Course content

Course responsible:

Eva Breitschopf

 

An introduction to ecology for landscape architecture.

The terms ecology/ecological will be examined and defined. The focus will be on how ecology as science has relevance for landscape architects as inspiration, information and qualification in their work and their design.

Fundamental ecological theories, terms and concepts describing different plant types or plant forms, including their traits, coupling to soil, soil organisms and ecological function, are central to the course. It will be emphasized how ecological function is linked to plant form and thus how design based on plant form has a link to ecological function.

The course will also introduce the term biodiversity, including examples of how biodiversity is an integrated part of ecosystems and essential for ecosystem services. Examples of naturally vegetated areas in cold climates and borders towards these will be given particular focus.

 

 

Teaching and learning are centred on lectures, assignments, small laboratory project work and includes training in and introduction to:

  • What is ecology
  • How plant form and function is linked
  • How plants, soil and soil organisms are coupled
  • Design and ecological interpretation
  • Biodiversity
  • How biodiversity, ecosystems and ecosystem services are linked

 

In addition, a significant amount of the course will be focused on the interpretation of existing landscape architecture projects, how they have integrated ecology and how ecology can be integrated more.

The course will work in close collaboration with the parallel studio course “Nixtopia” and give ecological input applicable to the project. The integrative approach of both courses will be supported by tutoring and participation in group-reviews for the studio project by the teachers.

Learning outcome

Knowledge:

  • Definition and delimitation of the terms ecology and ecological
  • Basic knowledge of how exterior plant traits and form are linked to ecological function
  • Basic knowledge of the relationship between plants and soil, with particular emphasis on:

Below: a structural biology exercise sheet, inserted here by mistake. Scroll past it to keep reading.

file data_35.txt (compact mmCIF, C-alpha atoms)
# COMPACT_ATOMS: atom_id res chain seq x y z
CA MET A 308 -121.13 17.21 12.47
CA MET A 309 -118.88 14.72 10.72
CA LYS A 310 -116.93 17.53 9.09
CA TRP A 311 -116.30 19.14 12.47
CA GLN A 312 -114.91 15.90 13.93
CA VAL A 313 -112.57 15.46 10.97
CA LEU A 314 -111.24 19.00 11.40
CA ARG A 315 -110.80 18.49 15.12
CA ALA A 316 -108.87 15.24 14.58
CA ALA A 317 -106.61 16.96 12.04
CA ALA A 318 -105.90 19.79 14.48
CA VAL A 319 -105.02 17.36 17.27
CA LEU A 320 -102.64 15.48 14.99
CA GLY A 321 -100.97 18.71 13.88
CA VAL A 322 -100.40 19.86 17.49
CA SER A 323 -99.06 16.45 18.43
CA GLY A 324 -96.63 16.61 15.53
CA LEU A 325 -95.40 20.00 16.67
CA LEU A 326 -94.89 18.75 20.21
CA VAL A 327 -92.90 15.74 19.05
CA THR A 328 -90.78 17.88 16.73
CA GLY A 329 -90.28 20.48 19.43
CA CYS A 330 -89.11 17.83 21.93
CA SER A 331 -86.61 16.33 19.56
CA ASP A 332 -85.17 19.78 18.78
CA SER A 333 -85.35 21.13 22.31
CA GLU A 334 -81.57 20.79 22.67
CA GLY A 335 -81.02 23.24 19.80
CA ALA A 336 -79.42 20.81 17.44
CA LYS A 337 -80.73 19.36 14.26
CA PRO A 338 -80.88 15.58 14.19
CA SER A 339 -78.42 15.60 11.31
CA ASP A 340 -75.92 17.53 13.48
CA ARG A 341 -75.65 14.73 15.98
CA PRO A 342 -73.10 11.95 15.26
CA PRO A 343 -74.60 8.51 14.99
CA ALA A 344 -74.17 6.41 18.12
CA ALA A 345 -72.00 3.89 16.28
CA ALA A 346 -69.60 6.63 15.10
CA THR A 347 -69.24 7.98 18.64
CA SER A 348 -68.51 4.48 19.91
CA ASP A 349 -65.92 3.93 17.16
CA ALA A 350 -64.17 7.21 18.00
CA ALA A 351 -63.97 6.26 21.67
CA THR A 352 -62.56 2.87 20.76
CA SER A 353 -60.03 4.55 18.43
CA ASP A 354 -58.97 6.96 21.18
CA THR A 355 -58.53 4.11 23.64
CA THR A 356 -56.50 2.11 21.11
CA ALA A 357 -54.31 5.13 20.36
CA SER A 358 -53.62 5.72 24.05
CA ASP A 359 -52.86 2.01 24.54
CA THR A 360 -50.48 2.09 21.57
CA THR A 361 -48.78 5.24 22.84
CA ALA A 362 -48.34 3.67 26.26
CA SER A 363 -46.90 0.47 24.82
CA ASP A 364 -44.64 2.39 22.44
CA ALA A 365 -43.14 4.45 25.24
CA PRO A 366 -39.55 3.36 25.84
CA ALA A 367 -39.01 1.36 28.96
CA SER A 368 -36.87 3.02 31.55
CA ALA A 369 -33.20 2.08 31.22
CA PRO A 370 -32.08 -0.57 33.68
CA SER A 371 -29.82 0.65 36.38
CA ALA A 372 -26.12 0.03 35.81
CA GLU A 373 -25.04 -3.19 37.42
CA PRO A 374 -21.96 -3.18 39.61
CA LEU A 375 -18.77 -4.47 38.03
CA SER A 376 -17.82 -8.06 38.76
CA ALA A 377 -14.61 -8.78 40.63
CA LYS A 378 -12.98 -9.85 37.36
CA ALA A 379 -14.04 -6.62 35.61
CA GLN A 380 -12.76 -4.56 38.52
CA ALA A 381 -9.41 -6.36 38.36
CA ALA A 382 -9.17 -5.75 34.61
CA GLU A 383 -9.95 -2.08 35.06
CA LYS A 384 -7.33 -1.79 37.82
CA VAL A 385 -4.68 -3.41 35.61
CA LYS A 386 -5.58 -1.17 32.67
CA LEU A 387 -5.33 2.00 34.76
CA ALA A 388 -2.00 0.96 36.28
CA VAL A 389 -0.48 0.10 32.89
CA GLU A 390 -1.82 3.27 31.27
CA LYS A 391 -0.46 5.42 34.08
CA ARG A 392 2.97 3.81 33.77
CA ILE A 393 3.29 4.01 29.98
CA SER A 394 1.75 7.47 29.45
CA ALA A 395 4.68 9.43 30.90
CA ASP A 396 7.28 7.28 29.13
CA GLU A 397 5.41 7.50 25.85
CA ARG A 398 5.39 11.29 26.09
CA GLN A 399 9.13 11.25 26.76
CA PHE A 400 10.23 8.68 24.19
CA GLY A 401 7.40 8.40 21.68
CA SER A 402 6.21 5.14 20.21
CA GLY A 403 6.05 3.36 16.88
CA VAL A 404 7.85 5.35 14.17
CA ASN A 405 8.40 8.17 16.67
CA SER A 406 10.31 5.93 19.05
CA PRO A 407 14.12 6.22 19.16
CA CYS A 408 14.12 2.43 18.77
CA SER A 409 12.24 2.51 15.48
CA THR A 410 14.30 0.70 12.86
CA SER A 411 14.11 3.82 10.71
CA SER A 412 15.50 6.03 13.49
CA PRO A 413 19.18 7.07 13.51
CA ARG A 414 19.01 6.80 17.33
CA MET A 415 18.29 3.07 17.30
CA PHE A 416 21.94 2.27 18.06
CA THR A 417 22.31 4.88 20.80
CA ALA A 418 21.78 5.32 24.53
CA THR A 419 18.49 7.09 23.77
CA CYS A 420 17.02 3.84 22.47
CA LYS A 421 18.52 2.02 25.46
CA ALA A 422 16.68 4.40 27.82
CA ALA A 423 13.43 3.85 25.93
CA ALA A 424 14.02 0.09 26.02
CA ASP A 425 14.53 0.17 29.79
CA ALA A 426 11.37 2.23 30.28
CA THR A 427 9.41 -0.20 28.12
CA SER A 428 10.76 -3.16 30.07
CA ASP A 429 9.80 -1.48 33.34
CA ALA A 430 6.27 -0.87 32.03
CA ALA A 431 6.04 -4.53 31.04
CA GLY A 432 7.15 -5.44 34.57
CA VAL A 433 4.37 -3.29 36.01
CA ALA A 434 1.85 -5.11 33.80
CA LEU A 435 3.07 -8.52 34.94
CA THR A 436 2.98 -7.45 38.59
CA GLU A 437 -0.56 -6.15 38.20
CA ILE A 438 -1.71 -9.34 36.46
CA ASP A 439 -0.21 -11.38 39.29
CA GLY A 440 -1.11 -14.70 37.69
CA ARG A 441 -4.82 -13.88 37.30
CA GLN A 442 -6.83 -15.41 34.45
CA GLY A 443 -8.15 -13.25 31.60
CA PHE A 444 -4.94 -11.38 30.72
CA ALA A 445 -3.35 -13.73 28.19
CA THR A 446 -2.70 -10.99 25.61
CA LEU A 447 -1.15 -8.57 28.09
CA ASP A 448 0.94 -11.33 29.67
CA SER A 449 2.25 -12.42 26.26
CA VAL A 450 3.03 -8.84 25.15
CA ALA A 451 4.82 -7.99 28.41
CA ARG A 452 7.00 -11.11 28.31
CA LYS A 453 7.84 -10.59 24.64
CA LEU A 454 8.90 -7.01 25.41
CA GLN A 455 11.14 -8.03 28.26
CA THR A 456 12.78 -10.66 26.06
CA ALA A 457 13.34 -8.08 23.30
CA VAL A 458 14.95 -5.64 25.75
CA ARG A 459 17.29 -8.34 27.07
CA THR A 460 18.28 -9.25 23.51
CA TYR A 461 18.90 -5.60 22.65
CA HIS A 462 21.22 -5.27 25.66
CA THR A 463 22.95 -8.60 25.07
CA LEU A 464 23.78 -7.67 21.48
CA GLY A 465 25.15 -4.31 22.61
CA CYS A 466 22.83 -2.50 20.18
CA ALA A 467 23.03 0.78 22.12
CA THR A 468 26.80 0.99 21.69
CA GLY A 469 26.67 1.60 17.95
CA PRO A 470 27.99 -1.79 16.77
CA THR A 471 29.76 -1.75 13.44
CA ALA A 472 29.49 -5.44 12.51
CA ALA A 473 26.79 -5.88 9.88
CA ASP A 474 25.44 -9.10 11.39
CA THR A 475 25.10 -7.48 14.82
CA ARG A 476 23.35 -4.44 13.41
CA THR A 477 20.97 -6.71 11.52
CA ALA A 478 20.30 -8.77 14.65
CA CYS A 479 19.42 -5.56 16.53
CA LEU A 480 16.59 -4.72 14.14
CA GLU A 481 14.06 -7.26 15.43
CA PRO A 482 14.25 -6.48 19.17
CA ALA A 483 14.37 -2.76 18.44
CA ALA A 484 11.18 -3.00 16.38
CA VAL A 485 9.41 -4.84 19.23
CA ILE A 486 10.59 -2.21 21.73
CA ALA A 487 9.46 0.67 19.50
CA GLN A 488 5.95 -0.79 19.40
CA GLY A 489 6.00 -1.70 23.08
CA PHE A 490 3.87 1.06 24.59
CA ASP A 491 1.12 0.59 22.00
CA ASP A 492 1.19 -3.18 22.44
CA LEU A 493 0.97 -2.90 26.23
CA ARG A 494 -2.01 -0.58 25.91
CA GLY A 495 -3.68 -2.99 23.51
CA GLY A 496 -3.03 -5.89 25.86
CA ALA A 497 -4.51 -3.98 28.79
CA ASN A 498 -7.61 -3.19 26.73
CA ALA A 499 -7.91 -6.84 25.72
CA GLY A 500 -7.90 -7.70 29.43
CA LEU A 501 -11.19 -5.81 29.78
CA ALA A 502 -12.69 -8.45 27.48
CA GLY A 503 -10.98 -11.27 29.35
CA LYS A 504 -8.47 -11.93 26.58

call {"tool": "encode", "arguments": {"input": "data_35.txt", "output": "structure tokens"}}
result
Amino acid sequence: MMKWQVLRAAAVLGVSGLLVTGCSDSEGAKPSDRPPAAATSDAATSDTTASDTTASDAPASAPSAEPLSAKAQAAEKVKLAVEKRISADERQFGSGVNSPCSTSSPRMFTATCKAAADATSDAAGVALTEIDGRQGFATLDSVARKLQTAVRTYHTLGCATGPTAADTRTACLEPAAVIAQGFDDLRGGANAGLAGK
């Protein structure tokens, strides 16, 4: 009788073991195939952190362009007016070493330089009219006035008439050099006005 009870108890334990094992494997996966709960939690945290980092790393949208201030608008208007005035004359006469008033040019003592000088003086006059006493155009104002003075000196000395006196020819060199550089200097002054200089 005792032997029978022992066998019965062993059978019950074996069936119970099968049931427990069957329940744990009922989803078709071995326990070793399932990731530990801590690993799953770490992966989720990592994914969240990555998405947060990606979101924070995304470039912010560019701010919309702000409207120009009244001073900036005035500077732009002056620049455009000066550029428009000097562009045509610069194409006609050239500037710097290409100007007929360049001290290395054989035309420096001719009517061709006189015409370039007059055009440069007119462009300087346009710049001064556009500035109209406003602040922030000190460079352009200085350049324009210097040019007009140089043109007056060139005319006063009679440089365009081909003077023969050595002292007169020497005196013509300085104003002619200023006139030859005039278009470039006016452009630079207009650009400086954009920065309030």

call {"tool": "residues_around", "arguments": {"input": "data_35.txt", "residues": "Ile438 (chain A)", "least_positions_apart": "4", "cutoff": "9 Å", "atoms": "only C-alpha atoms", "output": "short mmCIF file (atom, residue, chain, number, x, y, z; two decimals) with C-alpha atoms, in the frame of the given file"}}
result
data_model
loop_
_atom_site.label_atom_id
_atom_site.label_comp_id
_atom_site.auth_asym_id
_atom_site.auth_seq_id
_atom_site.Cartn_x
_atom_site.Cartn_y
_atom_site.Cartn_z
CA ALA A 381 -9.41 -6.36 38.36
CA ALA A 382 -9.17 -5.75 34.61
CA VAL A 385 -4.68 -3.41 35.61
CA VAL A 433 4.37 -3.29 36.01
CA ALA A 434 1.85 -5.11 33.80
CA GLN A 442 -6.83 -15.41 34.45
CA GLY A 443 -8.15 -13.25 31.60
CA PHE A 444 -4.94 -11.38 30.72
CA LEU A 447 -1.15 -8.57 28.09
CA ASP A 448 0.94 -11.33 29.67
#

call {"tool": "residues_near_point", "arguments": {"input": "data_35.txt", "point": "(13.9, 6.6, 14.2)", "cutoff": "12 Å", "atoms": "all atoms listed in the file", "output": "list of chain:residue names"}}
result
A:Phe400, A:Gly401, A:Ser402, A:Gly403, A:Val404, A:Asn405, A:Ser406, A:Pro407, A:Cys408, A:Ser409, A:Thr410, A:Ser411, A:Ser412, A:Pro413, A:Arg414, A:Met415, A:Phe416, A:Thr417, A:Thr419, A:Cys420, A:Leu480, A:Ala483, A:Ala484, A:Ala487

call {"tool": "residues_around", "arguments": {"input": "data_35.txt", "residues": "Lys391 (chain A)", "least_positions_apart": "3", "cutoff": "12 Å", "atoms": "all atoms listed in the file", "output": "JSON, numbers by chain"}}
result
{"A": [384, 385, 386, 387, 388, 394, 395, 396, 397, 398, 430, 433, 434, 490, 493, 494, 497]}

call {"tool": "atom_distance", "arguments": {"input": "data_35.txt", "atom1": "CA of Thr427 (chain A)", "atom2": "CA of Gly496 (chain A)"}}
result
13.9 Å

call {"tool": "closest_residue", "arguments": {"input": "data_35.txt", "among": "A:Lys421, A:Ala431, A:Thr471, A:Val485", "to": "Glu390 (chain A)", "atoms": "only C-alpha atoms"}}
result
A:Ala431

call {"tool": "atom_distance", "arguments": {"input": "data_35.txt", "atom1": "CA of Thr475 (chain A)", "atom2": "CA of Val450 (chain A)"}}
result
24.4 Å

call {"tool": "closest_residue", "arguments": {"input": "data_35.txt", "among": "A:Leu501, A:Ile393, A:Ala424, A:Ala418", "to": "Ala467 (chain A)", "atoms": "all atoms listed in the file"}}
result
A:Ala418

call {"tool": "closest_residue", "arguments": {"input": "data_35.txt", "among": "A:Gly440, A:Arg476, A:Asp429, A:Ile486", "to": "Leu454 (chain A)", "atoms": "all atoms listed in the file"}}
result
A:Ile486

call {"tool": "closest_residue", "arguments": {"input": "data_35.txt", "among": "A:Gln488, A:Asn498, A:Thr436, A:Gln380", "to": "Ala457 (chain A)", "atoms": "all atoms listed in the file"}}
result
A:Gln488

• Ecological niche as a term and how an ecological niche is reflected in anatomy, physiology and basic living conditions for individual species
    • The concept of ecological interaction and associated concepts such as competition, facilitation and symbiosis between species
    • The concept of ecological processes and related concepts such as decomposition and nutrient cycling in soil
  • Definition of the term biodiversity
  • Knowledge of how biodiversity is an integral part of an ecosystem and ecosystem services

 

 

 

Skills:

  • Confident with the definition of ecology as a term
  • Can explain differences in anatomy, physiology and ecological function for different growth forms such as forbs, grasses, shrubs and trees, at a basic level
  • Can integrate abstract ecological concepts into the understanding of how plants and soil work together in a system
  • Can provide an interpretation of ecological function based on the plants present in a given landscape
  • Confident with the definition of biodiversity, ecosystem and ecosystem services as terms
  • Can identify how and to what extent ecology is integrated into existing landscape architecture projects

 

General competence:

  • Basic understanding of ecology as a relevant discipline for landscape architecture
  • Knowledge and experimentation with plants and soil
  • Know examples of ecological concepts applied to plants and soil
  • Know examples of how biodiversity is central to ecosystem services
  • Explain ecological content, written and orally
  • Ability to be inspired by ecological concepts and theory in the development of landscape architecture
Working and learning activities

Practical organisation and working methods:

  • Teaching will be provided in the form of lectures, seminars/workshops and lab work